Portion control works well with your eating. When you apply portion control to your eating, you will find that counting calories are not as critical because portion control will limit the number of sugars, starches, and carbohydrates you intake This should help you understand portion control better

Get Portion-Friendly Serving Dishes

This is a very important part of portion control. If you look at the meal plan page on the site, you will notice that many of the meals are on portion friendly plates!
Everyday Health suggests measuring the bowls and cups you use on a regular basis to see what they actually hold—you may be surprised! The article recommends using “portion control dishware” (i.e., smaller bowls and plates) to control how much food you can load into them. Women’s Health magazine points out there are actually portion-control dishware available out there that can still be stylish. You don’t have to have drab plastic bowls that make your eating experience less enjoyable—and you can even buy serving utensils that dole out the perfect amounts of food.

Snack Smarter

That’s right, you can still enjoy snacks along with your 3-meals per day regimen, according to the Government of Massachusetts. It suggests snacks can be friendly to a portion-controlled diet, and that you can buy smaller serving packs to help stave off the urge to eat your way through a larger serving.
Gradually wean yourself off sugary or salty snacks and embrace the deliciousness and nutritional benefits of fruits and vegetables say the government website. Think small: A box of raisins, whole-grain crackers, and rice cakes. Try to space out snacks so you’re still able to eat a proper meal (the site suggests eating snacks at least 2-hours before a meal).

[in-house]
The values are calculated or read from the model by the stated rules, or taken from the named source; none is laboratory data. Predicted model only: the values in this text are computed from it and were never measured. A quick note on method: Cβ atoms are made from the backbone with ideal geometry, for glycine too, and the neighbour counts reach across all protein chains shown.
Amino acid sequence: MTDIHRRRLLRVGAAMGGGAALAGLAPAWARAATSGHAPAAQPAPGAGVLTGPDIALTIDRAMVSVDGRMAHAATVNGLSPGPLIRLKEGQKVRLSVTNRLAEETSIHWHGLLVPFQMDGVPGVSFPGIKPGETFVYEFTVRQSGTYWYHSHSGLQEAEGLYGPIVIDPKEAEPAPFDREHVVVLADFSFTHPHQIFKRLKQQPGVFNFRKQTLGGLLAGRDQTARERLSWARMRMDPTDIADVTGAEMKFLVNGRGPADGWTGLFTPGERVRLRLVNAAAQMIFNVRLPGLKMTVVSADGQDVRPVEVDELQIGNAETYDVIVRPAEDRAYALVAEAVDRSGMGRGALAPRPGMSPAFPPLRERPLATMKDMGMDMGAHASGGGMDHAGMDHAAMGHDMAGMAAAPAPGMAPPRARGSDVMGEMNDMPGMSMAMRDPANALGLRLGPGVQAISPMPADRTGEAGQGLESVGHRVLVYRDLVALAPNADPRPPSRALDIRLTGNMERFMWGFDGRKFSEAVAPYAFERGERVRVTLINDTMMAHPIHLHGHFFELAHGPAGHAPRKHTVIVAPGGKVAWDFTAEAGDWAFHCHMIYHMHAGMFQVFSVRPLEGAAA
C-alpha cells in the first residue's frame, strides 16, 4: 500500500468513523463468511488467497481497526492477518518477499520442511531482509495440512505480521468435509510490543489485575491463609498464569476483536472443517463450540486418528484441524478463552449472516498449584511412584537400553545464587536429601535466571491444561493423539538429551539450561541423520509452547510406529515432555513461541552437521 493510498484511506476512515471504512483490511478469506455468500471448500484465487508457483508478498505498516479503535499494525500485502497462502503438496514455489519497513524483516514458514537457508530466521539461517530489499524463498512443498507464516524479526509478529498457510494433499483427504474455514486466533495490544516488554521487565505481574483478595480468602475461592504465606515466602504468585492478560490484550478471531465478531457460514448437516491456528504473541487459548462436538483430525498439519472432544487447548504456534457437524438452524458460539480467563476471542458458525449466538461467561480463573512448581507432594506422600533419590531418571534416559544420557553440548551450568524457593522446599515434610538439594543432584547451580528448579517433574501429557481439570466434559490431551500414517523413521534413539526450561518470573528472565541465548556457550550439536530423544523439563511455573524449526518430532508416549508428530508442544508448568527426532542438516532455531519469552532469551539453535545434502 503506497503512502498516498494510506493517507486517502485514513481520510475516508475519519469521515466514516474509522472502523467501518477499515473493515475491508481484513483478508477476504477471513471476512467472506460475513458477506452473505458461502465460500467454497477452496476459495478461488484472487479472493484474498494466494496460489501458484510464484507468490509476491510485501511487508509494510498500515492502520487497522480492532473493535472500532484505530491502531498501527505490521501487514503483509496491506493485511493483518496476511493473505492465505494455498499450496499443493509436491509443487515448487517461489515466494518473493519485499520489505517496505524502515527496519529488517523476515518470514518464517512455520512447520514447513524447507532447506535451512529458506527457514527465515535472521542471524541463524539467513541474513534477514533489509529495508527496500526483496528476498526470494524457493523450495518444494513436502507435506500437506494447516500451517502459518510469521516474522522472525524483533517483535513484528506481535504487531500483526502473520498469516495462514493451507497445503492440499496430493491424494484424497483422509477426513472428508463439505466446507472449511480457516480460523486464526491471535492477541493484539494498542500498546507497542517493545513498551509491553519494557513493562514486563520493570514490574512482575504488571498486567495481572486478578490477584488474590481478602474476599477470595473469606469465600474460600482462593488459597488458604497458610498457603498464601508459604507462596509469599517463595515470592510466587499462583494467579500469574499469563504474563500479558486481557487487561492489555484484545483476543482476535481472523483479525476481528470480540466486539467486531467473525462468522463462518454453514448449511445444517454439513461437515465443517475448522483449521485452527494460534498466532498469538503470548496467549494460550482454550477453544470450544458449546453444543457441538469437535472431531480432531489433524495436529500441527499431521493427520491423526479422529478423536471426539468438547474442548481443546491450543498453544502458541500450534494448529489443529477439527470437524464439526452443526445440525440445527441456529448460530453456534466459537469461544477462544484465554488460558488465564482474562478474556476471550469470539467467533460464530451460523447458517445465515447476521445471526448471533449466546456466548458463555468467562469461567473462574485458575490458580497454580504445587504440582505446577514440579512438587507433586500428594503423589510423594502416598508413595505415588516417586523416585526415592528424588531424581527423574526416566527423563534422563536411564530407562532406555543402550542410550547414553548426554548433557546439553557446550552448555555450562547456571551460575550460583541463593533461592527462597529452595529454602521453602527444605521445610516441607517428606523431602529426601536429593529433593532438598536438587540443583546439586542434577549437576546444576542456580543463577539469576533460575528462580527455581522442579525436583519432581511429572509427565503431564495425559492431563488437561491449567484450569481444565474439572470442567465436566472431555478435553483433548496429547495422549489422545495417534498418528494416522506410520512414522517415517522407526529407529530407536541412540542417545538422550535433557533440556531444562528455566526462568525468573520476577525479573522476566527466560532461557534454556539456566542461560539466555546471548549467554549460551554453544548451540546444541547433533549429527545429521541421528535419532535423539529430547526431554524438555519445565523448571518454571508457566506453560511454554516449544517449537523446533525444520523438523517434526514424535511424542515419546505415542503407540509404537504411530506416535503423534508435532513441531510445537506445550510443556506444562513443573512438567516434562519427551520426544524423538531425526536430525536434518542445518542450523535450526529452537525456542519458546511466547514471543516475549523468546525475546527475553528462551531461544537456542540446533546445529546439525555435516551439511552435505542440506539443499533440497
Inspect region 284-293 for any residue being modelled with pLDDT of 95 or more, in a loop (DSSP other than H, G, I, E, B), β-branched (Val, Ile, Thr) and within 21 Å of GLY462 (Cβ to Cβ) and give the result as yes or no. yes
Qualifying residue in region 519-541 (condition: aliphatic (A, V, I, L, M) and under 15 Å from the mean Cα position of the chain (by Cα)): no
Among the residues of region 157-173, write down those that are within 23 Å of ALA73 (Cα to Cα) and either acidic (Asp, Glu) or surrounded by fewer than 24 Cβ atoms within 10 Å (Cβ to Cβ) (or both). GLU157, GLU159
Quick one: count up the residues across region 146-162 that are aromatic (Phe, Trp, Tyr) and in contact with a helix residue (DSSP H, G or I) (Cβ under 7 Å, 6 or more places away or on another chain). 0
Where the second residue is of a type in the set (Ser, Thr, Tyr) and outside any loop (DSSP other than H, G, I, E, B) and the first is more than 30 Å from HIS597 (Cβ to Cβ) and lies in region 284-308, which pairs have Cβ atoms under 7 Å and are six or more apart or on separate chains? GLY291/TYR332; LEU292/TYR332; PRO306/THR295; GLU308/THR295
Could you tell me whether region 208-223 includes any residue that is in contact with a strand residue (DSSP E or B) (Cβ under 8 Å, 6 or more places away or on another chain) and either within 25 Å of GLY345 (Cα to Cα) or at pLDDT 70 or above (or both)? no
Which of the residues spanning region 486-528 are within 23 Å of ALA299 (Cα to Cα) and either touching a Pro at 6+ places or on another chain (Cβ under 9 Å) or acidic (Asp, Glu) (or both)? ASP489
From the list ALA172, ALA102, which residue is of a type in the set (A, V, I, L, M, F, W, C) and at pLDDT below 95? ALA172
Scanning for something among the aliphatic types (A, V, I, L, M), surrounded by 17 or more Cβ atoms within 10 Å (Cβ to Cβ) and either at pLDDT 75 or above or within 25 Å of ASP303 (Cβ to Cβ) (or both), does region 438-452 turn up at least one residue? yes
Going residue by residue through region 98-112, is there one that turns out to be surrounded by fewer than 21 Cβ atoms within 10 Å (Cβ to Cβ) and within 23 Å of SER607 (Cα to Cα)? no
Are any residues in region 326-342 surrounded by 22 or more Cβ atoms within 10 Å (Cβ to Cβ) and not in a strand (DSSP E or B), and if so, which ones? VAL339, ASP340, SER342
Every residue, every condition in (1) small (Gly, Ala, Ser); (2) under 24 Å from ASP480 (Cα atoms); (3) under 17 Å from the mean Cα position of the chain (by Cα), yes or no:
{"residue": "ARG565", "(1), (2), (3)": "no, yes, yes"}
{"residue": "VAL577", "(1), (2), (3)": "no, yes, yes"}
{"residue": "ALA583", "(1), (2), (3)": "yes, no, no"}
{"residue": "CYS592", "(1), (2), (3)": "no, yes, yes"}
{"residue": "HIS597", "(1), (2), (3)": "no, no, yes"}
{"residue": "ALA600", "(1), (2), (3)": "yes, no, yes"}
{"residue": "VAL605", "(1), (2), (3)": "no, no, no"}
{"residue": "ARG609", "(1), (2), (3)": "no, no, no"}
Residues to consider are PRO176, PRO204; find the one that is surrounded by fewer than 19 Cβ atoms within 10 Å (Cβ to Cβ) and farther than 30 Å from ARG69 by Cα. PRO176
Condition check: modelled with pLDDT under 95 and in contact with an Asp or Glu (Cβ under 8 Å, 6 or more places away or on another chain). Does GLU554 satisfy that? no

Go Leaner on the Liquids

The Huffington Post explains in a 2012 blog post that drinking fluids high in calories may still not fill you up, so you’re tempted to consume more than you intended.
The post suggests that eating and chewing register more with your brain and stomach and that making changes such as replacing orange juice with an actual orange can be beneficial. It probably goes without saying, but soda is not a good snack or healthy refreshment—even labels that claim zero calories are not the best choice. The blog post recommends good old water, or sparkling water (seltzer) if you want your water to be a bit more exciting.
If you apply portion control properly, then you will follow this simple equation of taking in less calories than you are burning, thus allowing your body to use the stored calories to operate, which will result in your losing weight while maintaining the proper amount of nutrients allowing you a safe, permanent healthy weight loss, and hopefully a positive change to your lifestyle.
— Diet Rite Team

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  1. […] The key here – again – is planning your meals and their portions […]

  2. […] A diet with balance provides the body with the proper proportions of carbohydrates, fats, proteins, vitamins, minerals, and liquids. It is important to not eliminate any essential macronutrient, such as fats or carbohydrates, but be conscious of portion control. […]

  3. […] are often overeaten while others are not consumed enough. Most people would benefit by reducing portion sizes.  A high protein, low carb diet can be a healthy option, if you are still eating enough carbs […]